Moving mountains: excavators armed with attachments perform a controlled demolition job.
The demolition contractor, a division of Progress Rail Services, Albertville, Ala., which is itself a division of equipment manufacturer Caterpillar Inc., Peoria, Ill., recently began the demolition of an abandoned coal mill in Paonia, Colo., a small community with a population of just more than 1,500 people about 70 miles southeast of Grand Junction, Colo., in the central western part of the state.
Project Manager Allen Bailes of Progress Metals and his team had a tall order on hand when the mill's owner Bowie Resources Ltd., also headquartered in Ashland, Ky., contracted the company to demolish the old mill's remaining structures, including three 120-foot-tall concrete silos and several steel conveyor systems.
Specific challenges of this particular jobsite meant Bailes and his crew had to think creatively and employ an arsenal of tools and carriers to bring the structures down and prepare the material for recycling.
EQUIPPED FOR SUCCESS.
The site's location meant the crew at Progress Metals had to rethink its approach to demolition. The site is about 50 feet away from a state highway on one side and next to a large electrical substation on the other side. The proximity to these structures made methods like implosion impossible, says Bailes, so the silos and conveyors had to be taken down manually, piece by piece with a fleet of material handling equipment affixed with specialized demolition attachments, such as multi-processors, grapples, hammers and shears.
The availability of equipment also pushed Progress Metals to a more controlled approach to demolition.
"They couldn't find a wrecking ball and crane to rent, so they were forced to use alternative means of demolishing the structures," says Mark Ramun, sales and marketing manager for Jewell Attachments, based in Portland, Ore.
From Kuhn Equipment of Charleston, S.C., Progress rented a Hitachi Zaxis 500 excavator with a Jewell UHD (Ultra High Reach Demolition) Front and a Genesis 450 DemoPro processor, which was primarily responsible for tackling the concrete silos, each of which measured about 80 feet in diameter and stood nearly 120 feet high, Bailes says.
The 100-foot reach and precision of the DemoPro were particularly useful on this particular job, which required a more controlled approach to demolition, according to Bailes, in light of the structures' proximity to the highway and the substation.
"The Jewell UHD is a very surgical type machine," adds Ramun.
In addition to the Hitachi Zaxis 500, Progress Metals also employed a John Deere Model 270 excavator fitted with a bucket and a grapple made by Allied-Gator Inc., Youngstown, Ohio, for material handling on site. A Caterpillar 320C with a Genesis XP400R mobile shear helped with demolition tasks and the preparation of scrap steel for recycling, and a Volvo loader took on additional material handling tasks. The contractor also employed a Hitachi 450 excavator with a hydraulic hammer to break up the concrete on the demolition site.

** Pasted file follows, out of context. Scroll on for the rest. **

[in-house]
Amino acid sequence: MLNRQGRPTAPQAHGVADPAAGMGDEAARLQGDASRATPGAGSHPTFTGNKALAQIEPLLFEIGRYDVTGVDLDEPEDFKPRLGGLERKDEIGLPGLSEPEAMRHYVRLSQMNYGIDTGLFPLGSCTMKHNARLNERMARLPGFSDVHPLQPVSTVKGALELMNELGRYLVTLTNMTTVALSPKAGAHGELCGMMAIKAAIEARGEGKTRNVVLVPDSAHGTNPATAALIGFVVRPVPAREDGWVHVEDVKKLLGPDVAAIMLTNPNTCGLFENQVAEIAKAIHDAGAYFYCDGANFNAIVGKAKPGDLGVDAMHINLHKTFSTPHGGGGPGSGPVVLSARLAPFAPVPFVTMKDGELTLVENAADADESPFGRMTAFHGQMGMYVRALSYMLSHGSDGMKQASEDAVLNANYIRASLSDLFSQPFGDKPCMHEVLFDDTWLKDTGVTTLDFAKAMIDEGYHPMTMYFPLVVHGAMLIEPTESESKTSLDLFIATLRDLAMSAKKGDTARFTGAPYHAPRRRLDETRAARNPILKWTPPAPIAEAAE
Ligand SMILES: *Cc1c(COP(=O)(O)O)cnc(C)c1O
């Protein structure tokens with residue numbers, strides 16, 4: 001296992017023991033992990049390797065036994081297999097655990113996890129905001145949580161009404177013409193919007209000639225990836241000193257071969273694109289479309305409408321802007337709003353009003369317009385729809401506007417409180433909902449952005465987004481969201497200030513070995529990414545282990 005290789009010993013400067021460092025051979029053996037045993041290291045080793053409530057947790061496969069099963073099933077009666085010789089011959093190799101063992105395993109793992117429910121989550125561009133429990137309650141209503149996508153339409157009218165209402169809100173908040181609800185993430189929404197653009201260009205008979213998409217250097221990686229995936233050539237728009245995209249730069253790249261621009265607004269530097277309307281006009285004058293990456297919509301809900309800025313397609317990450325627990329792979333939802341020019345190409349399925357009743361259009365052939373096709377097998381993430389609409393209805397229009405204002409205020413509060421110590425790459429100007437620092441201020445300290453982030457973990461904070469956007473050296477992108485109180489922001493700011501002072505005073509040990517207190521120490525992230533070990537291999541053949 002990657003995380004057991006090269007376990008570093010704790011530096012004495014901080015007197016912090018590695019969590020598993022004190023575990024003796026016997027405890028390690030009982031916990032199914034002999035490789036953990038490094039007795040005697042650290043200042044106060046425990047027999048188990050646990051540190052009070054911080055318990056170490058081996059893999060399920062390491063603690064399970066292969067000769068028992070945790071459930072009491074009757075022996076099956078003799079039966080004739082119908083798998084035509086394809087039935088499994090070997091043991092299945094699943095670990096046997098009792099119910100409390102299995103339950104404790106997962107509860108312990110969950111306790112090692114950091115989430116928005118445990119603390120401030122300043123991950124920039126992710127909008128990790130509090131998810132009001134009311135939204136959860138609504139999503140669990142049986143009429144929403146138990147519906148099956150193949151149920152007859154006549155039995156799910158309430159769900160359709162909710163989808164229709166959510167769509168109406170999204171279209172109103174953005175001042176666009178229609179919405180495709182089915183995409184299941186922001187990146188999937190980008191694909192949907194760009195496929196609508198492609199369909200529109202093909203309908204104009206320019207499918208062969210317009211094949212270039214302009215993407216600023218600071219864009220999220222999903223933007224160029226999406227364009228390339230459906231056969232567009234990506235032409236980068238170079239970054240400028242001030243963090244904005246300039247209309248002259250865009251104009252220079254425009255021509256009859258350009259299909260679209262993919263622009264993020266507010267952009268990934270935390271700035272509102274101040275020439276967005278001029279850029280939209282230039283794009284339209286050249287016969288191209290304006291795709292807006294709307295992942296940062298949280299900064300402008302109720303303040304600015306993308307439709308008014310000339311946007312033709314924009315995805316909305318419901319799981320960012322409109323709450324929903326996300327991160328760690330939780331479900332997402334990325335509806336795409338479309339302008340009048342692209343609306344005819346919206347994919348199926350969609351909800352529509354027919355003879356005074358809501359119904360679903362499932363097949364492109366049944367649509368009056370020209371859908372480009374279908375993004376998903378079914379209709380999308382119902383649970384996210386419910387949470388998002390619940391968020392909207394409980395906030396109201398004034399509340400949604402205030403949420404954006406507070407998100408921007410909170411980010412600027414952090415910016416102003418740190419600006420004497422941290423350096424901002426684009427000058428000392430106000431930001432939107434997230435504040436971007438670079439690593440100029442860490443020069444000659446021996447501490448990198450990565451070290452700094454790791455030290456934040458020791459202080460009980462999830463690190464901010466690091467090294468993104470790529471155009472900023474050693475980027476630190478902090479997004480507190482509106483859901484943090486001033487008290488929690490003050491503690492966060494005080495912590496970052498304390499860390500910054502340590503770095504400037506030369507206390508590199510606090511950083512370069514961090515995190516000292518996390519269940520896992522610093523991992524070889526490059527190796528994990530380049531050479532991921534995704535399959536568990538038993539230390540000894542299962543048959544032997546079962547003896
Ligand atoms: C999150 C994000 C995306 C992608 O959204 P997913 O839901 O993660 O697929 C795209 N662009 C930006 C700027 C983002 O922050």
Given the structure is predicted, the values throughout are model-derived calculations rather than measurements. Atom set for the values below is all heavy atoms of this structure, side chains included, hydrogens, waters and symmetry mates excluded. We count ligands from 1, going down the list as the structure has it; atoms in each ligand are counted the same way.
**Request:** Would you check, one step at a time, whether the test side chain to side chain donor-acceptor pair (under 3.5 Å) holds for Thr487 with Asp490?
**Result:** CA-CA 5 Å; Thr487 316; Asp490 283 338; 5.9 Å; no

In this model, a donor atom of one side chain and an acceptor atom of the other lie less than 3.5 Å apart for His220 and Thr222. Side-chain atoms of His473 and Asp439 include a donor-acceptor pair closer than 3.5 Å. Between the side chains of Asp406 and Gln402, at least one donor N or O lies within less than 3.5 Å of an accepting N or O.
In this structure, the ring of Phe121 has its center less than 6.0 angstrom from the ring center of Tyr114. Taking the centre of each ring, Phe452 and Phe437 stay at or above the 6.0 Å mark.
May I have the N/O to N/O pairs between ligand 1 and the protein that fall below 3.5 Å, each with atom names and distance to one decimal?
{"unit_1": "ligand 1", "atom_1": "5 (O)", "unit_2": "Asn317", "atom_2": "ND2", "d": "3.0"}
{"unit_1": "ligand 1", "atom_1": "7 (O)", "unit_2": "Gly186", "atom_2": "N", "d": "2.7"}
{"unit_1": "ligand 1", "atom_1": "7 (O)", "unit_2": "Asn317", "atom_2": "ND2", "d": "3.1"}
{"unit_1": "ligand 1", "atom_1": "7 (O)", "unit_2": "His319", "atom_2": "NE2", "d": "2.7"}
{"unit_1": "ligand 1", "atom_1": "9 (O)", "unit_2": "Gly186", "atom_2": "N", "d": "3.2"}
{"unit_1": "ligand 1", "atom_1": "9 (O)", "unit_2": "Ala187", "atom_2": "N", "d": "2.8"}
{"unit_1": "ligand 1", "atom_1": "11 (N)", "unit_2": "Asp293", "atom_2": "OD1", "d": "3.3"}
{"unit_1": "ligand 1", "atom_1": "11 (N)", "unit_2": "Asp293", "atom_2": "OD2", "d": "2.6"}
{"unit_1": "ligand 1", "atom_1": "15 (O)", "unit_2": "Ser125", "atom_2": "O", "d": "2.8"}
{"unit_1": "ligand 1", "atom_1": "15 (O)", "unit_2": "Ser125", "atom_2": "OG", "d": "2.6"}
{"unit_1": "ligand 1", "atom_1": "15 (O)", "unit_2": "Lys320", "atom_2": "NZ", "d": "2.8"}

Not only was this equipment fleet responsible for the actual demolition of the structures, but the crew also used it to prepare the demolition material for recycling.
BACK TO NATURE. The contractor, with help from its parent company and the coal company, have committed to recycling as much of the material from the Paonia site as possible.
All of the concrete generated from the project was ground to 3-inch minus to be reused by the coal company at its active No. 2 mining site about five miles away, says Bailes.
The steel and rebar from the site is also earmarked for recycling. All the scrap steel was prepared on site and was shipped by rail directly to a nearby steel mill, according to Bailes.
He estimates that approximately 100 tons of rebar and 10,000 tons of concrete will be recycled from the Paonia mill project.
While this arrangement has financial advantages, Bailes says the project also has a large environmental motivation to it, from the controlled method of demolition to the recycling of demolition materials to the plans for the land after the remnants of the abandoned mill have been cleared away.
Following the demolition, which began in late September and was scheduled to be finished in nearly November, the land will be reseeded with grass and turned into an orchard, Bailes says, returning the site to the natural majesty of its surroundings.
"This really is a beautiful area," he says. "[The structures] were an eyesore to the neighborhood, and the neighbors are pleased to see these gone."
Ramun echoes Bailes's sentiment, He says, "They're taking something that was industrial and taking it back to its natural beauty."
EQUIPMENT REACHING FAR AND WIDE
Demand for heavy equipment is coming not just from the United States, but from overseas markets as well.
The Association of Equipment Manufacturers (AEM) has reported a 10 percent increase in sales of U.S.-made heavy equipment to export markets in the first half of 2006 compared to 2005.
By percentage, buyers in Central and South America have been placing more orders in 2006, while by volume the largest markets include Canada, Australia Mexico. Brazil, Chile, Belgium and South Africa.
Trade group AEM (www.aem.org) uses U.S. Commerce Department figures and other information to compile its quarterly export trends reports.
The author is associate editor of Recycling Today and can be contacted at firstname.lastname@example.org.
|Printer friendly Cite/link Email Feedback|
|Title Annotation:||MATERIAL HANDLING EQUIPMENT FOCUS|
|Date:||Nov 1, 2006|
|Previous Article:||A load-off: manufacturers offer tips for determining the best loader for an operation.|
|Next Article:||Cool running: the key to long magnet life lies in preventing overheating.|